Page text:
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Gdynia
Gdynia
[ˈɡdɨɲa] ( listen) (German: Gdingen, Kashubian: Gdiniô) is a city in the Pomeranian Voivodeship
Pomeranian Voivodeship
of Poland
Poland
and a seaport of Gdańsk Bay
Gdańsk Bay
on the south coast of the Baltic Sea. Located in Kashubia
Kashubia
in Eastern Pomerania, Gdynia
Gdynia
is part of a conurbation with the spa town of Sopot, the city of Gdańsk
Gdańsk
and suburban communities, which together form a metropolitan area called the Tricity (Trójmiasto), with a population of over a million people. For centuries, Gdynia
Gdynia
remained a small agricultural and fishing village on the Baltic coast. At the beginning of the 20th-century Gdynia
Gdynia
became a seaside resort town and experienced an inflow of tourists. This also triggered an increase in local population. After Poland
Poland
regained its independence in 1918, a decision was made to construct a Polish seaport in Gdynia, between the Free City of Danzig (a semi-autonomous city-state under joint League of Nations
League of Nations
and Polish administration) and German Pomerania, making Gdynia
Gdynia
the primary economic hub of the Polish Corridor. It was then that the town was given a more cosmopolitan character with modernism being the dominant architectural style and emerged as a city in 1926. The rapid development of Gdynia
Gdynia
was interrupted by the outbreak of World War II. Although the German troops refrained from deliberate bombing, the newly built port and shipyard were completely destroyed.[1] The population of the city suffered much heavier losses as most of the inhabitants were evicted and expelled. The locals were either displaced to other regions of occupied Poland
Poland
or sent to Nazi concentration camps throughout Europe. After the war, Gdynia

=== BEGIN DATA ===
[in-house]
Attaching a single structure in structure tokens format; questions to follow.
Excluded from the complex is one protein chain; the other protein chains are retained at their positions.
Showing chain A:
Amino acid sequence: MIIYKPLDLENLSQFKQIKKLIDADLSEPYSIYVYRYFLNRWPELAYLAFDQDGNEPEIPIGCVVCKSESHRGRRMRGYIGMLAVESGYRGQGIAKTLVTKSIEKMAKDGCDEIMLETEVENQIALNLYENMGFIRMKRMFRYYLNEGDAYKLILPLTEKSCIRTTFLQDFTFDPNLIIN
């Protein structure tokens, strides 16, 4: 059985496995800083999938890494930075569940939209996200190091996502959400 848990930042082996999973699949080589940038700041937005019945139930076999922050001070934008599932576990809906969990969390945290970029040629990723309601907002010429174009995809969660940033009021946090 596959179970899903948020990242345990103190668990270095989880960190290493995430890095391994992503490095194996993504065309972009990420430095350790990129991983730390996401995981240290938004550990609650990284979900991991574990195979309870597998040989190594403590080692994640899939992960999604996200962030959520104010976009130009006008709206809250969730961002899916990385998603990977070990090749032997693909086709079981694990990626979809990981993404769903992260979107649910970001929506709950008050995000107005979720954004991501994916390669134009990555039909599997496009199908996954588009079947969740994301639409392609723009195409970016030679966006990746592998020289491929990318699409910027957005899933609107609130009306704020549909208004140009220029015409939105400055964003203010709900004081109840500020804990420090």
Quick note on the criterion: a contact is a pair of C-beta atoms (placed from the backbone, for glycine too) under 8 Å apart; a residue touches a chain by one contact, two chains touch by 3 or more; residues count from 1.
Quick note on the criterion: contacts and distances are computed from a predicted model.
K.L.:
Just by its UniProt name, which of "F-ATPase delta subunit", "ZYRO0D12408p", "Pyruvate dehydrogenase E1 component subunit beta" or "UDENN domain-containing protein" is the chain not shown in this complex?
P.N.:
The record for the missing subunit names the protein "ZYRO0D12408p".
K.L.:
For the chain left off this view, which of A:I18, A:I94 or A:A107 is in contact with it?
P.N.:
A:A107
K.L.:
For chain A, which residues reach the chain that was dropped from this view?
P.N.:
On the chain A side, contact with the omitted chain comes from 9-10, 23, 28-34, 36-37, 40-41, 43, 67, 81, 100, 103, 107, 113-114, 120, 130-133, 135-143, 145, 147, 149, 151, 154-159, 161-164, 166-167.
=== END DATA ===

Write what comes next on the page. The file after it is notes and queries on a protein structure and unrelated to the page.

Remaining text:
Gdynia
was settled with the former inhabitants of Warsaw
Warsaw
and lost cities such as Lviv
Lviv
and Vilnius
Vilnius
in the Eastern Borderlands. The city was gradually regenerating itself with its shipyard being rebuilt and expanded. In December 1970 the shipyard workers protest against the increase of prices was bloodily repressed. This greatly contributed to the rise of the Solidarity movement in Gdańsk. Today the port of Gdynia
Gdynia
is a regular stopover on the itinerary of luxurious passenger ships and a new ferry terminal with a civil airport are under realisation. The city won numerous awards in relation to safety, infrastructure, quality of life and a rich variety of tourist attractions. In 2013 Gdynia
Gdynia
was ranked as Poland's best city to live in and topped the rankings in the overarching category of general quality of life.[2] Gdynia
Gdynia
is also highly noted for its access to education. There are prestigious universities such as the Polish Naval Academy located nearby. Gdynia
Gdynia
hosts the Gdynia
Gdynia
Film Festival, the main Polish film festival, and was the venue for the International Random Film Festival
International Random Film Festival
in 2014.

Contents

1 History

1.1 Construction of the seaport 1.2 Construction of the city 1.3 Gdynia
Gdynia
during World War II
World War II
(1939–1945) 1.4 After World War II

2 Geography

2.1 Population and area 2.2 Climate 2.3 Districts 2.4 Sights and tourist attractions

3 Culture

3.1 Cultural references 3.2 Notable people 3.3 Sports

4 Economy and infrastructure

4.1 Transport

4.1.1 Port of Gdynia 4.1.2 Airport 4.1.3 Road transport 4.1.4 Railways

5 Education 6 International relations

6.1 Twin towns — sister cities

7 See also 8 References 9 Further reading 10 External links

History[edit]

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City museum

The area of the later city of Gdynia
Gdynia
shared its history with Pomerelia (Eastern Pomerania); in prehistoric times it was the center of Oksywie culture; it was later populated by Slavs
Slavs
with some Baltic Prussian influences.

Late 10th century: Pomerelia
Pomerelia
was united with Poland.[3] During the reign of Mieszko II
Mieszko II
Pomerelia
Pomerelia
seceded from Poland
Poland
and became independent. 1116/1121: Bolesław III reunited Pomerelia
Pomerelia
with Poland.[4] 1209: First mention of Oxhöft (now known as Oksywie, which is now a part of Gdynia). 1227: Pomerelia
Pomerelia
again became an independent Duchy. 1253: First known mention of the name "Gdynia", as a Pomeranian (Kashubian) fishing village. The first church on this part of the Baltic Sea
Baltic Sea
coast was built there. 1294: Pomerelia
Pomerelia
was inherited by the future Polish king Przemysł II, and remained as part of Poland
Poland
until – 1309–1310; The Teutonic Order
Teutonic Order
conquered Pomerelia
Pomerelia
and added it to Prussia. 1380: The owner of the village which became Gdynia, Peter from Rusocin, gave the village to the Cistercian
Cistercian
Order. 1382: Gdynia
Gdynia
became property of the Cistercian
Cistercian
abbey in Oliva, now Oliwa. 1454: Thirteen Years' War started. 1466: Thirteen Years' War ended. Pomerelia
Pomerelia